Specialists of Russia’s TsNIIMash Mission Control Center carried out a maneuver to lower the average orbital altitude of the International Space Station (ISS), using the thrusters of the Progress MS-14 resupply ship, the State Space Corporation Roscosmos reported on Wednesday, TASS reported.
“In compliance with the flight program of the International Space Station, Roscosmos Corporation specialists carried out planned adjustment of the ISS orbit on October 7, 2020,” the statement says.
The thrusters of the Progress MS-14 resupply ship docked to the assembly compartment of the Zvezda module were fired at 11:26 Moscow time and operated for 412.9 seconds. As a result of the maneuver, the space station’s average orbital altitude is set to decrease by 1.3 km to about 418.6 km over the Earth’s surface, Roscosmos said.
Initial plans envisaged raising the space station’s orbit by 400 meters but the parameters of the orbit’s adjustment had to be altered due to the orbital outpost’s unscheduled maneuver in late September. As a source at Russia’s Mission Control Center in Moscow told TASS at the time, the maneuver was carried out due to the orbital outpost’s dangerously close approach by an unknown piece of space debris.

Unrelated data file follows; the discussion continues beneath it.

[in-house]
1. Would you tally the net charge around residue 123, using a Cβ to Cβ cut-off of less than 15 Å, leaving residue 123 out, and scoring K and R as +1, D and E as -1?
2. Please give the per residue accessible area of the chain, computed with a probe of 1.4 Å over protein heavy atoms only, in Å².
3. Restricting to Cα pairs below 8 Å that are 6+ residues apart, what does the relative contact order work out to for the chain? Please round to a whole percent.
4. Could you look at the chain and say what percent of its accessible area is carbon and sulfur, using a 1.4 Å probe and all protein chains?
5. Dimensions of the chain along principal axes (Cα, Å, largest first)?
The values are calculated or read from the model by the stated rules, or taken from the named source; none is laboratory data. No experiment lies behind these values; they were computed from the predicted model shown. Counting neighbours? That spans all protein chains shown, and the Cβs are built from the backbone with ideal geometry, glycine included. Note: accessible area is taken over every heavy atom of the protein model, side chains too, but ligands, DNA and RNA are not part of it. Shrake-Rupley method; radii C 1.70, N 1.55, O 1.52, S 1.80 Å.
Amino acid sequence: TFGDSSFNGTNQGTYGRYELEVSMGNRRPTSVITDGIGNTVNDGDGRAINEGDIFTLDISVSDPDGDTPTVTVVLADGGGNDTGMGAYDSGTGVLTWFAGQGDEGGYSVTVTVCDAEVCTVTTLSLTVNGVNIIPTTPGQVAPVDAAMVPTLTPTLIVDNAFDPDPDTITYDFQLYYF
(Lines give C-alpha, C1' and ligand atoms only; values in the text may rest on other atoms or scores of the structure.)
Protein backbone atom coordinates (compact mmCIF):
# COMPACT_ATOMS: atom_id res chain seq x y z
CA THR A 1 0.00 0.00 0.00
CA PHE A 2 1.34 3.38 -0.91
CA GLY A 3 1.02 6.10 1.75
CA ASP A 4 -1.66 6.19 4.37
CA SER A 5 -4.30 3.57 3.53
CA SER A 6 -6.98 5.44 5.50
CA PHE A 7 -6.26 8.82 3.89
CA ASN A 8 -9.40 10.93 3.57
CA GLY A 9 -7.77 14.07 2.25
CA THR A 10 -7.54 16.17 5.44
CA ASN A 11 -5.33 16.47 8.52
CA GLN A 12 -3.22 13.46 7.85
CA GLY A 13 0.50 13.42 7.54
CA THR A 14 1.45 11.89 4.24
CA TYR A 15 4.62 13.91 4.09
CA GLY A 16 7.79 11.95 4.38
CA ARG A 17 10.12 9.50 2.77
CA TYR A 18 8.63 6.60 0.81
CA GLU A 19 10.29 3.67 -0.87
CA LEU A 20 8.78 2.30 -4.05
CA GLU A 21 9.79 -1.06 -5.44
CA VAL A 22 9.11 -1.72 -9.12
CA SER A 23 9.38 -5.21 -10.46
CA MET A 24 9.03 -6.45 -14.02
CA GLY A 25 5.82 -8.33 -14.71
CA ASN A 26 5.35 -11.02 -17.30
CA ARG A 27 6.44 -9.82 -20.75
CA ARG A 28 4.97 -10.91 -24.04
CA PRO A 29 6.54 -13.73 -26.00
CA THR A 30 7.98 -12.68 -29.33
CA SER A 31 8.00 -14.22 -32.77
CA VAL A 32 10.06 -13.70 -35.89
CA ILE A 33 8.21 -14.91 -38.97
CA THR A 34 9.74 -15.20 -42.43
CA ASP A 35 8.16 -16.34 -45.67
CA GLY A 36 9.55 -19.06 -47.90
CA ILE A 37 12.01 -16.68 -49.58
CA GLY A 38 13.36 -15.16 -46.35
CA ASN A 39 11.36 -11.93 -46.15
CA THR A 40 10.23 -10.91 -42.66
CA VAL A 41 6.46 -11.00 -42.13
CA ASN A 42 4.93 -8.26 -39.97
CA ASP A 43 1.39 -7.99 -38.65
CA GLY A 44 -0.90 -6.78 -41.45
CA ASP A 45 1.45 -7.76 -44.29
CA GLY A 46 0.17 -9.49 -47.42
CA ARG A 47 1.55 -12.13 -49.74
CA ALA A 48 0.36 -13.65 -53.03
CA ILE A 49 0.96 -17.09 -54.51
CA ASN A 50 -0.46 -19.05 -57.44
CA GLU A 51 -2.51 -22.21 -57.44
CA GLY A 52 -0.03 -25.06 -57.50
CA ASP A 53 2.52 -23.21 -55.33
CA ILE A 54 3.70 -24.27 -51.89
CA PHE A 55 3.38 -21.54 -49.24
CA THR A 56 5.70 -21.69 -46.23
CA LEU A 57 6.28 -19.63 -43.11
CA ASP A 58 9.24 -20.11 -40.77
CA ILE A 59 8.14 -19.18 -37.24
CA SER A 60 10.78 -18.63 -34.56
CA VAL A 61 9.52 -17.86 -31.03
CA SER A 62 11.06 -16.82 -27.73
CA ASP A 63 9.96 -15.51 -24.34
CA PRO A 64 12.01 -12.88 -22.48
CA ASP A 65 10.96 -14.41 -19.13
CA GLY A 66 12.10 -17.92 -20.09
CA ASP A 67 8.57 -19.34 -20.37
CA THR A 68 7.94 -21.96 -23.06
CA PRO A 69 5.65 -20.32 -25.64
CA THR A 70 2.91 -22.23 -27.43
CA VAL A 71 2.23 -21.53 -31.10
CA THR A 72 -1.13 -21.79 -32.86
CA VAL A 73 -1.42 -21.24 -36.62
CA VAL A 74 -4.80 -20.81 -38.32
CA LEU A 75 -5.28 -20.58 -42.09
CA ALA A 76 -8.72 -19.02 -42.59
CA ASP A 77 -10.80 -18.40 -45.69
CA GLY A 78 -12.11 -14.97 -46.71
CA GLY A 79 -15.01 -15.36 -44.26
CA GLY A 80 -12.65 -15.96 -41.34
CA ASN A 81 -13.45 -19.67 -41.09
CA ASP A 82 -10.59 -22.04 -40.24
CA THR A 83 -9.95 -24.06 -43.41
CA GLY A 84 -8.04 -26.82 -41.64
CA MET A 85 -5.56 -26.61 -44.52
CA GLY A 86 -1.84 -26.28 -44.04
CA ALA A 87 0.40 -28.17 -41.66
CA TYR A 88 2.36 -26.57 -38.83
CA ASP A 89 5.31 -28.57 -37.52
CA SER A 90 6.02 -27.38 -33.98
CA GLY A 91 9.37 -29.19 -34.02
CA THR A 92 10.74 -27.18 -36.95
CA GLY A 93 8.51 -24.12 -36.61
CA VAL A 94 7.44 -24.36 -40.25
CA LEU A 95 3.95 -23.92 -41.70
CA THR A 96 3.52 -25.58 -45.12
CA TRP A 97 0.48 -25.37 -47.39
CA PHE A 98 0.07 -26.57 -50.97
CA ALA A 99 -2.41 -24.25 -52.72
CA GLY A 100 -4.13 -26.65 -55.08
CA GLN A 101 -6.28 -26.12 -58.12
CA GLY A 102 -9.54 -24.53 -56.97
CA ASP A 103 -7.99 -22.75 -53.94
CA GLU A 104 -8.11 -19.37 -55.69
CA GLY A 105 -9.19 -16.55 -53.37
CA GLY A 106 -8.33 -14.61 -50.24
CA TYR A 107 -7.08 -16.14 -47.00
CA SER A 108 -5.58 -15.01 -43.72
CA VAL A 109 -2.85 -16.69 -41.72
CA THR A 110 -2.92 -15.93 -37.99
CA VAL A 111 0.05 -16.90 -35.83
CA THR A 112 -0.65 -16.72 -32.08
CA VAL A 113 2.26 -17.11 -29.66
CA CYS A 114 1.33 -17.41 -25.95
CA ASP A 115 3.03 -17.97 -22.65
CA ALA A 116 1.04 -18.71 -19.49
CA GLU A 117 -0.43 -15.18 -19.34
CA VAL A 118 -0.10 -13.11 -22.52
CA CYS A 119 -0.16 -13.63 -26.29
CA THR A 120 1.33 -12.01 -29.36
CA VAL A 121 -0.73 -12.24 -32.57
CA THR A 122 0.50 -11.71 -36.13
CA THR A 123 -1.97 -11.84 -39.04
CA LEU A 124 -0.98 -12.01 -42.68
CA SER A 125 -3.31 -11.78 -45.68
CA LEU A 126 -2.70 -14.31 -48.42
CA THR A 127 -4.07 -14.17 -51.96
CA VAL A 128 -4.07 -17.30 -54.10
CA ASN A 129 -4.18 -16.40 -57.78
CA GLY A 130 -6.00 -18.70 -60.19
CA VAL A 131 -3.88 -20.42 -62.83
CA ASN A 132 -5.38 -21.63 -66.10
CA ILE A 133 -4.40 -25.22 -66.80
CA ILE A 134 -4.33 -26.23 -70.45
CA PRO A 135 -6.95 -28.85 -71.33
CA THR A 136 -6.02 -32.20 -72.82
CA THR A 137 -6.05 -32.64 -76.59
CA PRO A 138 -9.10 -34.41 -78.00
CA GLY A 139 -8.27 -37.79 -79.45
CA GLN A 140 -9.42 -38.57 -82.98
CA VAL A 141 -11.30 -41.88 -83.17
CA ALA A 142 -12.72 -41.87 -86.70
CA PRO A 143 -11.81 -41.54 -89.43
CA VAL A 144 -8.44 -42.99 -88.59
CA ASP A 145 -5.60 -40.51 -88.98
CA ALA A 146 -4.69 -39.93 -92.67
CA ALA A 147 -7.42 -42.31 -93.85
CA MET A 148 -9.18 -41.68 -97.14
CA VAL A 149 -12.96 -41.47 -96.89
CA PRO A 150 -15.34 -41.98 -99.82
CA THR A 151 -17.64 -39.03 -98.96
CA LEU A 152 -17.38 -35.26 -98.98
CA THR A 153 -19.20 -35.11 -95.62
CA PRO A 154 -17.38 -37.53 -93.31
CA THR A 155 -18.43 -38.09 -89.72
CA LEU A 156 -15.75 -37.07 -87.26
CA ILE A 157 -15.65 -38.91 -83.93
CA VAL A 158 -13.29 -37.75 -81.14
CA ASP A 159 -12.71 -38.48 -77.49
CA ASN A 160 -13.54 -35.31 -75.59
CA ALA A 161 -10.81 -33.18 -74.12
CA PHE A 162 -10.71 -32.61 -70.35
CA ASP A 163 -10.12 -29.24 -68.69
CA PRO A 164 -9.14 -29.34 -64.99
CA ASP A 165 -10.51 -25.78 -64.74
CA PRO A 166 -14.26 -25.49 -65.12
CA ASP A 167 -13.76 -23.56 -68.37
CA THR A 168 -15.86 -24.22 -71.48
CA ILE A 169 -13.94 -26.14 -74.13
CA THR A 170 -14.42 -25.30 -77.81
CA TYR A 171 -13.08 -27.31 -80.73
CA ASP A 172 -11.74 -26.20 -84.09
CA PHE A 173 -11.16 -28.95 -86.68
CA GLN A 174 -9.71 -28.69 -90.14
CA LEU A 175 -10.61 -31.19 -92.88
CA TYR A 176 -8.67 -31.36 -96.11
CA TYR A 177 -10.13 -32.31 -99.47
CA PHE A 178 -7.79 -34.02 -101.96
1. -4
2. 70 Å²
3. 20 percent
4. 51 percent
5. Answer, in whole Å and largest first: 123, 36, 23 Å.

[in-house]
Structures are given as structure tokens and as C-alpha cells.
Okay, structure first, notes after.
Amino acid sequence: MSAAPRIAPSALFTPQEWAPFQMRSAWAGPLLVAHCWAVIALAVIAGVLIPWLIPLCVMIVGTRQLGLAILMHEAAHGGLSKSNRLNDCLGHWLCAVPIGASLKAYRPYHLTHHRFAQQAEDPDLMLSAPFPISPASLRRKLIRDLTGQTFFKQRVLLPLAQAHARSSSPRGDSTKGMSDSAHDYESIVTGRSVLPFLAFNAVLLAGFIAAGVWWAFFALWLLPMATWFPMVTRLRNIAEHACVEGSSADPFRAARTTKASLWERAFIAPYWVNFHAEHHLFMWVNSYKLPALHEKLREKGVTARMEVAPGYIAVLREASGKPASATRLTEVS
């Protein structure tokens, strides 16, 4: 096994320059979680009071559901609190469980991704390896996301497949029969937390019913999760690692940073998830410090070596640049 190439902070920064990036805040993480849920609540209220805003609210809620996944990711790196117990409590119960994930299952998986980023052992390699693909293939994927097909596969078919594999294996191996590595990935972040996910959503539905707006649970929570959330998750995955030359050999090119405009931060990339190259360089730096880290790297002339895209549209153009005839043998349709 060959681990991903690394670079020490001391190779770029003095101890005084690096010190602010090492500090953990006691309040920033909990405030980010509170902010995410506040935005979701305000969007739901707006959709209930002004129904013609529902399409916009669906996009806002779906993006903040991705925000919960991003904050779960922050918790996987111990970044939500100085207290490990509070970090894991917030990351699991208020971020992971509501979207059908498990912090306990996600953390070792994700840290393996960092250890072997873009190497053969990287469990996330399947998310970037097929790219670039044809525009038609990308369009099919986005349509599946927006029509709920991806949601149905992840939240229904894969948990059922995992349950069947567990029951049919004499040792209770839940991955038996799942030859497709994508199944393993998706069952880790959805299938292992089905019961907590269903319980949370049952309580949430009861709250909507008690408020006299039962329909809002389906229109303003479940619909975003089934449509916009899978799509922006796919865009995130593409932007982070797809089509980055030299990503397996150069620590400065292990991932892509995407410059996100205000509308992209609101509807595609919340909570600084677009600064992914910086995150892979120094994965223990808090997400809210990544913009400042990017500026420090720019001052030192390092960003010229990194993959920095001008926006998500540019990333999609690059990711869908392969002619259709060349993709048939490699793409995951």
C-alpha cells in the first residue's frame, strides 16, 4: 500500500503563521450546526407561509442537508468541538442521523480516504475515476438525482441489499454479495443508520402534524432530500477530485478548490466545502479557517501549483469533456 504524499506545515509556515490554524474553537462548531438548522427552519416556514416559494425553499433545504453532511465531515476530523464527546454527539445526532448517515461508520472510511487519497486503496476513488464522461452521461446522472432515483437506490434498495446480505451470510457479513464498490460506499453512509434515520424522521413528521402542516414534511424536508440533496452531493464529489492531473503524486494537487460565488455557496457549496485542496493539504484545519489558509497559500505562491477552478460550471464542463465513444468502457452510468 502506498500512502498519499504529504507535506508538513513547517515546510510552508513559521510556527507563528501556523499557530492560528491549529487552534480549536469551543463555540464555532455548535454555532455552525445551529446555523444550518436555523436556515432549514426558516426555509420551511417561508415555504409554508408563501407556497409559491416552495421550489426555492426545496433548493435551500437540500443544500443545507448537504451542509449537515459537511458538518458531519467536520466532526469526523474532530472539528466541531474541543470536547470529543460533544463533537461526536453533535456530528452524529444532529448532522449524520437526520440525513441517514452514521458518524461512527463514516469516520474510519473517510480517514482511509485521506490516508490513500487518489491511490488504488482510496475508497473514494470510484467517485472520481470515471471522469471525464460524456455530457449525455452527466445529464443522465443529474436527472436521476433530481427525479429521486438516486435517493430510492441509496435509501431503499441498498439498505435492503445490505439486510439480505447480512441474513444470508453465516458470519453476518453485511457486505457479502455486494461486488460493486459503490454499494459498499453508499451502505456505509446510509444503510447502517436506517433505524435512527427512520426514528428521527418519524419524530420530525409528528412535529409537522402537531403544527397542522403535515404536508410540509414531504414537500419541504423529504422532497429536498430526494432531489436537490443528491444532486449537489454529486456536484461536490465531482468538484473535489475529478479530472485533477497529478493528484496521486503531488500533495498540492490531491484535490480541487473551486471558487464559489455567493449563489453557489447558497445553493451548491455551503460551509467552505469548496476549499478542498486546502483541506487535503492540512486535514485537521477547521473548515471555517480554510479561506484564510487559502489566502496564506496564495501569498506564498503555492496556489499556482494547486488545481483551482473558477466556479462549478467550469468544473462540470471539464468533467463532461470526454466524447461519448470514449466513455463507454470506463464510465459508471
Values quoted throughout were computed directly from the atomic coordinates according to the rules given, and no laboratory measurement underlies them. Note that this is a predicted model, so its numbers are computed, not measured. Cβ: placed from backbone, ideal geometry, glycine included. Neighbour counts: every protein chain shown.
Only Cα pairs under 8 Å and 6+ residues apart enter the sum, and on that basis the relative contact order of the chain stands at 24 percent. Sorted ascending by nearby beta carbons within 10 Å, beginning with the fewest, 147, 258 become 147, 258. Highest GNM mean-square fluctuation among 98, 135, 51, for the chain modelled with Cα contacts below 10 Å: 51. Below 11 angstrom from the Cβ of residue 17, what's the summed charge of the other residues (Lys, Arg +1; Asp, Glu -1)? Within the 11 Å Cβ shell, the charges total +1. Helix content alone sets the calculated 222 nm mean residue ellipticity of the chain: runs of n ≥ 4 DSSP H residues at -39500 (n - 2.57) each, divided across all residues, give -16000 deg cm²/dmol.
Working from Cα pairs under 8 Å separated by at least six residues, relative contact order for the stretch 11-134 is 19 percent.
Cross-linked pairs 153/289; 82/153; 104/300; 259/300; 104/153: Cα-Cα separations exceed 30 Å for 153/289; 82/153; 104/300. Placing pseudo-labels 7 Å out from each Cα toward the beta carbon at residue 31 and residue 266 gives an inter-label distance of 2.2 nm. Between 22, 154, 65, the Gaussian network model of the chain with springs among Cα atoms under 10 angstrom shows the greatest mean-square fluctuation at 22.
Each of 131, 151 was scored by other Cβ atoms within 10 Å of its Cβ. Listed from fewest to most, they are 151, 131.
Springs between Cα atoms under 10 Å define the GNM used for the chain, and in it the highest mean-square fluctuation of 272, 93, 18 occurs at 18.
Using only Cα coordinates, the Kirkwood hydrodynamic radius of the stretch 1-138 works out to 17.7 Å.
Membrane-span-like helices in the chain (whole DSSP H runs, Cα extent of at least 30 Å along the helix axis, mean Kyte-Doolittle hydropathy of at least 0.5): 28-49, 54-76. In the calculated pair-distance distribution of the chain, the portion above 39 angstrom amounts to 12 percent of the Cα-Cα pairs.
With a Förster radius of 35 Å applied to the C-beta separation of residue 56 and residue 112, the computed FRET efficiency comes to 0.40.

NASA later confirmed this information and reported that the space station conducted the corresponding reboost. NASA specified that the space station’s crew members had stayed in the manned Soyuz spacecraft during the maneuver for safety purposes.
A Soyuz-2.1a carrier rocket with the Soyuz MS-17 manned spacecraft is scheduled to blast off from Site No. 31 of the Baikonur spaceport on October 14 to deliver the next expedition to the International Space Station.
The next expedition’s crew will comprise Roscosmos cosmonauts Sergei Ryzhikov and Sergei Kud-Sverchkov and also NASA astronaut Kathleen Rubins. Currently, Russian cosmonauts Anatoly Ivanishin and Ivan Vagner and US astronaut Chris Cassidy are working aboard the orbital outpost.